The Mini-Marathon® is on May 5. This is my personal account of why the Mini®—this will be my 14th in a row—is important to me. To paraphrase the title of The Ventures’ song, I walk—do not run—the 13.1 miles. Considering that in 1994, by the second of nine days in the hospital, I completely had lost use of my legs, doing those 13.1 miles is pretty good.
I lay on the ice-covered asphalt of the crosswalk, staring at a car heading my direction. My mind moved a bit more quickly than usual. Adrenaline might have had something to do with that. I quickly dismissed the thought of standing up and dodging the vehicle. My feet flying out from under me what was had gotten me into this predicament. If the same thing happened, I would be—I believe the technical, medical term is—smooshed. A second solution would be to lie flat on the ground and let the car pass over me. But this was February, my clothes were bulky, and I was pretty sure clothing would snag and I would be rolled into a bloody pulp. I don’t know why or how I did what I did. I stood on my knees. By now the car had slowed to about 5 m.p.h. When the front of the vehicle reached me, I grabbed the top of the hood and rode the car into the intersection. My legs encountered little friction, what with the roadway’s icy surface.When the car (finally) stopped, I let go and fell backward.
As luck would have it, an EMT was in Sitzmark (no longer there) and was out there in a flash, although how he managed to get there that fast on the ice is beyond me. He said something to the effect of, "Buddy, lie still. We called 9-1-1 and an ambulance is on the way."
I said, "Could someone move that car?" The grill was two feet above me and two feet behind. I had visions of another car hitting its brakes and rear-ending the vehicle that struck me: under the vehicle I would go. The car was moved and IPD was on the scene, directing traffic away.
Someone asked if I needed a blanket. There are several "up" sides to MS. After all, if you are going to get a diagnosis that bad, there should be some sort of offset. One of the pluses is that I am impervious to cold, so I told them I was okay. Another officer asked if I wanted them to call my wife. I told them no, I would call her. I asked them to call my the office and tell them what had happened, but not to tell my wife. I would call her later. I was afraid that if she got the news second-hand, she would freak out.
I was placed on a back-board and set on a guerny, then popped into the back of the ambo. That was when more questions came: name, occupation (I said, "You’ll love this") and to what hospital I wanted to be taken. I asked about the prefix of the license plate of the car that hit me. This was under the old Indiana system of plates, when each county had a numerical prefix that reflected its place in the 92-county alphabetical order. The ambo driver said "29." That meant Hamilton County, and thus a reasonable inference that the driver of the car was insured. I said, "Take me to St. Vinny’s."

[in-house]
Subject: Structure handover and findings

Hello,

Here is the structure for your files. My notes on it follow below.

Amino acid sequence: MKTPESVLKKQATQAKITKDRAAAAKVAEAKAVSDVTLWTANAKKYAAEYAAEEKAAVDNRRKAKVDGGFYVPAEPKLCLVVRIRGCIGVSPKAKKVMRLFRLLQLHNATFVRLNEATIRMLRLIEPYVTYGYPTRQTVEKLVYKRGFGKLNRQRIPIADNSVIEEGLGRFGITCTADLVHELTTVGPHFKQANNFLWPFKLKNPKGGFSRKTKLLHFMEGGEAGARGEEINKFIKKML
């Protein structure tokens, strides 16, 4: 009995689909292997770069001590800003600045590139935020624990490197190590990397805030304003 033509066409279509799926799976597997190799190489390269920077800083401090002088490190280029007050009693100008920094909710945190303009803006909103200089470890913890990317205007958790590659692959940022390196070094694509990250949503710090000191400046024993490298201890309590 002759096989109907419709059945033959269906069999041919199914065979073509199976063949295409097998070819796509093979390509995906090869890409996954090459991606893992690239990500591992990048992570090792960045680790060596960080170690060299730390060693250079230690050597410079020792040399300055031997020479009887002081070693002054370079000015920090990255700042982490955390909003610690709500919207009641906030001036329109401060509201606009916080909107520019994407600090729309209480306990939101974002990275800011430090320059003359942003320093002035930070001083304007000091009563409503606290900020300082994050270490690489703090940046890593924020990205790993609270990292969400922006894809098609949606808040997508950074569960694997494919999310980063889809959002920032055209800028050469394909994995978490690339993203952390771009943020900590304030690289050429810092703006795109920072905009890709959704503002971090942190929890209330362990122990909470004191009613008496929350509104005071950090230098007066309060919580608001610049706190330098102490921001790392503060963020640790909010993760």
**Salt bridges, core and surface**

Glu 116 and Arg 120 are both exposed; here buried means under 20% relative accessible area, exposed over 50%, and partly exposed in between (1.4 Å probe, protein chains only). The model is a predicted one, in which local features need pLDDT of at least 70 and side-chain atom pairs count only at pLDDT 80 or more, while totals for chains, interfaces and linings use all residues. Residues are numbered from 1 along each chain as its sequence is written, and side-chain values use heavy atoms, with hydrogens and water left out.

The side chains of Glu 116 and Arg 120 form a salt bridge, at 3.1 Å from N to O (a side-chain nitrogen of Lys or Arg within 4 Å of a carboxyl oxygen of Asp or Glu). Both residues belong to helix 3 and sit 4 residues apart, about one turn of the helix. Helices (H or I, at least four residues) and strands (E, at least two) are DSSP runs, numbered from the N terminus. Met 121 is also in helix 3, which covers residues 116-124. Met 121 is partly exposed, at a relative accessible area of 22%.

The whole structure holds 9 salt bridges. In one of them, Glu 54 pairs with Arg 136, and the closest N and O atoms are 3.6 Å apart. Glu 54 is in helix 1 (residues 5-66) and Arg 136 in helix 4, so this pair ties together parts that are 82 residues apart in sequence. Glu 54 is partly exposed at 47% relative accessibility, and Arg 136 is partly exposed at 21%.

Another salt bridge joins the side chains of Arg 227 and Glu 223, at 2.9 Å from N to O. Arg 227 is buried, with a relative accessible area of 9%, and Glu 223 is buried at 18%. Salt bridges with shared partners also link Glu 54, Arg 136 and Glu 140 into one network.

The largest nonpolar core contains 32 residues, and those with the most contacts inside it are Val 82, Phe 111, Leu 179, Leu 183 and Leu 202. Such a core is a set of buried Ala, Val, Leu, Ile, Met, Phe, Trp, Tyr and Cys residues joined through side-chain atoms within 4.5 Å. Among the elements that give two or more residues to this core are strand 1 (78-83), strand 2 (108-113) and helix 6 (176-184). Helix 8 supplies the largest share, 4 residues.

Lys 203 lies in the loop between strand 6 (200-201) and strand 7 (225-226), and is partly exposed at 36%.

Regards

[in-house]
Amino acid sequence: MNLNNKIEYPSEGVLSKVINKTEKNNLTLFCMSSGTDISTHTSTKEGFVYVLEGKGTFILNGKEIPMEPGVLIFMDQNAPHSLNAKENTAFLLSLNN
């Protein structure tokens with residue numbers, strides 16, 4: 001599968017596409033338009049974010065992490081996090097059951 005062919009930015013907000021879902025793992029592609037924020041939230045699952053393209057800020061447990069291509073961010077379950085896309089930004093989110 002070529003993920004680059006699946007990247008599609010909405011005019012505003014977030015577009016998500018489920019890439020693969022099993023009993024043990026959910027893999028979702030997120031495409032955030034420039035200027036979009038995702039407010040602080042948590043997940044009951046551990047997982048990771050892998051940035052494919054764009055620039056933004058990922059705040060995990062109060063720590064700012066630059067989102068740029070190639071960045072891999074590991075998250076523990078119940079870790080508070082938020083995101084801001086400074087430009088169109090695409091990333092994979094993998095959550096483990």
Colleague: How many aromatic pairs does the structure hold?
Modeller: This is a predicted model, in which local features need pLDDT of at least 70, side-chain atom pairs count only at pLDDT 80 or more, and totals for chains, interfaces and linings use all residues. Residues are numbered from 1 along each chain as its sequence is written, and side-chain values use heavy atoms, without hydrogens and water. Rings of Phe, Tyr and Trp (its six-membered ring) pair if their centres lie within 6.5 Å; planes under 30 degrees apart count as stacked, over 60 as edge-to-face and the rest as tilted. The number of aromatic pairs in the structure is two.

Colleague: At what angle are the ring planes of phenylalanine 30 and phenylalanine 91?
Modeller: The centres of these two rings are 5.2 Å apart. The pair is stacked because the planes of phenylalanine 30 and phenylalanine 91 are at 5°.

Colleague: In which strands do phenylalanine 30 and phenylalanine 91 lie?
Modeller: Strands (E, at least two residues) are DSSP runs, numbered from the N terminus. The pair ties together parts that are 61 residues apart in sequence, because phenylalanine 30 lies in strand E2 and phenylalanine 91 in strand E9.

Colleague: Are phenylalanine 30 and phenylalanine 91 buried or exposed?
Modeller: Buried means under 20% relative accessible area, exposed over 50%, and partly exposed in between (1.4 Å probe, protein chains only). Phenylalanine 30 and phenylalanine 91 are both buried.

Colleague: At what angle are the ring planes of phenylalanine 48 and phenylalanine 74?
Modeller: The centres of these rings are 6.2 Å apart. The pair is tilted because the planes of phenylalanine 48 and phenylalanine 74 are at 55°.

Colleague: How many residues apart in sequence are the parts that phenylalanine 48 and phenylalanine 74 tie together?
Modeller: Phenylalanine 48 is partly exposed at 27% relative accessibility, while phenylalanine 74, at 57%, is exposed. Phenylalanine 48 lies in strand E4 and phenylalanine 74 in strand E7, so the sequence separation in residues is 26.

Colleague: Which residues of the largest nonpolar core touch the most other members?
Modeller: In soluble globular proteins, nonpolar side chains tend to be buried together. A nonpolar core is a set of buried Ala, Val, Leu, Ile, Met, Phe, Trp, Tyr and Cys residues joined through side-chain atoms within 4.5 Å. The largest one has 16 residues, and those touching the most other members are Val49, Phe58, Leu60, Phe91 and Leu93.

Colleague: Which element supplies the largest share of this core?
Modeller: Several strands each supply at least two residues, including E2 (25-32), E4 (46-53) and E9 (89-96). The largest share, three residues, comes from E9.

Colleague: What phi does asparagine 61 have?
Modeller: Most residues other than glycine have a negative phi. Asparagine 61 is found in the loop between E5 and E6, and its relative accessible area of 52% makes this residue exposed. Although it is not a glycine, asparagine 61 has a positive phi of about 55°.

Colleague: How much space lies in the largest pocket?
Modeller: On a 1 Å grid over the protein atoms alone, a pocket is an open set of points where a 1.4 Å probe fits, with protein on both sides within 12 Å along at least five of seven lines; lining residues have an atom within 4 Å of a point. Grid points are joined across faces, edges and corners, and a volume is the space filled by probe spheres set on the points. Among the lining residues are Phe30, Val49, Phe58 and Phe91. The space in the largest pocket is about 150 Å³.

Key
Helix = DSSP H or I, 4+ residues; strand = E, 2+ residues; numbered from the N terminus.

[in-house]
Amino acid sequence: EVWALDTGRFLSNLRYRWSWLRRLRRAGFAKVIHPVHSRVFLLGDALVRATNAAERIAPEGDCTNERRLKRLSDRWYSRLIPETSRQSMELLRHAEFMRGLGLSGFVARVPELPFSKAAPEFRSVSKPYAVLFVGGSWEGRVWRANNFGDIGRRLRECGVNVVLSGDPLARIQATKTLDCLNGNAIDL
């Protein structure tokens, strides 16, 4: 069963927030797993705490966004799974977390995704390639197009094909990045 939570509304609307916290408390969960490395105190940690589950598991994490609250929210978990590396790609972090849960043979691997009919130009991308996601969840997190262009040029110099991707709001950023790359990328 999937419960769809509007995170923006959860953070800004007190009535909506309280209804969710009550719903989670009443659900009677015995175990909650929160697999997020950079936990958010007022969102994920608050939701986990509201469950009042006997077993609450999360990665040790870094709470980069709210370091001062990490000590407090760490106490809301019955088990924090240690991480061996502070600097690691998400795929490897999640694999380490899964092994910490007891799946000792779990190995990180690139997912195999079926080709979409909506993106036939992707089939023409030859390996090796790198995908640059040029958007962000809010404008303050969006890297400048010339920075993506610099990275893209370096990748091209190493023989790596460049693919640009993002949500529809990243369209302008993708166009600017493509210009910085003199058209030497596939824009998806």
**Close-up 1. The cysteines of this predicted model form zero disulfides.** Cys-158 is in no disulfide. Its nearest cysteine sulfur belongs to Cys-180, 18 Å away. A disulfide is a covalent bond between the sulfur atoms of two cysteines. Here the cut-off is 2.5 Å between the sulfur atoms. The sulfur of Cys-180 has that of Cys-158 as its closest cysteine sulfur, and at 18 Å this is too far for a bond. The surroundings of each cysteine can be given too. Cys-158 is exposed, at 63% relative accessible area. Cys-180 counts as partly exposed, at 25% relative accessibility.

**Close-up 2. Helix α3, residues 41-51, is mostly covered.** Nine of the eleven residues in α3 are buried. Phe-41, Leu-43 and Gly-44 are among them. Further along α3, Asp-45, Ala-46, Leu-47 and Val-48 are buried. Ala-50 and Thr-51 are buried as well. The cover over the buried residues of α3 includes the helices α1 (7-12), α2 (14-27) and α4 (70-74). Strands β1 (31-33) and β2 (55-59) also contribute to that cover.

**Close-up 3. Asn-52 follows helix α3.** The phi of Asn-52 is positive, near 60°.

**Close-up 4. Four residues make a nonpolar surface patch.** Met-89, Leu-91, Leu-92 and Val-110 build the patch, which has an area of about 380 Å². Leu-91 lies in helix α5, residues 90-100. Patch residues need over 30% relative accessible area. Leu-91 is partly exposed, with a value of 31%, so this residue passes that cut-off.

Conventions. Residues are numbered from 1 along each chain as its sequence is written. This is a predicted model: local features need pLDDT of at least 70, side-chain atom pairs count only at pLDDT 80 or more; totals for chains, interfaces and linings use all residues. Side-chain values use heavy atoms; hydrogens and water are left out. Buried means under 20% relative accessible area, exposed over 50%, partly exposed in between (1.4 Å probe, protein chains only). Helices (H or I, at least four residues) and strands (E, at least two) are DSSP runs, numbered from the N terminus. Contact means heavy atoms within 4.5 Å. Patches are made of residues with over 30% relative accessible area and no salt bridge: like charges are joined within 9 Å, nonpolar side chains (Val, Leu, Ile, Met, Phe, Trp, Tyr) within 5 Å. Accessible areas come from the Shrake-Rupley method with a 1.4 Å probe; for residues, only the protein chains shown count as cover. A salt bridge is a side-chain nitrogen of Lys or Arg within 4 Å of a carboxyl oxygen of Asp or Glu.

They strapped my head to the back board—and the rest of me, too. I was in the hospital for two or three hours, most of which were spent strapped to the board, lying in a hall, waiting to be seen. Finally, all was done, I was told I had experienced soft tissue trauma as I recall, and told I could go home. I asked them to call a cab for me, then I called Sarah.
Sarah was (understandably) somewhat miffed. She had called the office several times and been stonewalled. I said, "I’m okay. I had a little accident. A guy hit me as I was walking across the street." She still freaked out, but at least she her from me that I was okay.
When I got home I was stiff as hell. I got a couple of ice packs out of the freezer and applied them to my back. The cats knew who I was and lay down next to me on the couch.
I visited a chiropractor the next morning and began a three-month course of adjustments. I called a colleague to handle the personal-injury aspect of things. The claim was settled about a year-and-a-half later. The entire time I made my fifty-dollar-per-week payments to the other hospital. About the end of the calendar year, Sarah called me at the office and asked me what the balance was at the other hospital. Between our challenges to improper items billed and my weekly payments, the balance was down to a little over $9K. She suggested I call finance there and offer them a deal. This was the end of the calendar year and they would want to clear up as many books as possible.
The person who answered referred me to the supervisor—the voice was oddly familiar, like the one of the woman who had said I would be shipped to Wishard—who asked me what I wanted. I said I could continue to pay $50 per week, per the agreement that now was well-established; or I could pay one lump-sum payment of one-half the balance as it then stood.
"Will you have a cashier’s check for that amount if we send a person there to pick it up?" she asked.
"Yes. Will that person be authorized to sign a release?"
"Yes," she said. "And she’ll have a release for you to sign. She’ll be there in 30 minutes."
The person arrived in 30 minutes. I handed over the cashier’s check and both releases were signed. Of the original $20K bill, $11.5K was paid. $4500 was written off in that last negotiation. The rest was disallowed because the place tried to charge me for items otherwise not chargeable, like unnecessary MRIs. I think there are a lot of charges like that in the system. We should not need insurance companies charging us a lot of bucks to "protect" us from health care providers.
By then I was walking about three miles each morning. I wanted to walk longer distance. And I had heard so many people use the Mini-Marathon® as a personal goal.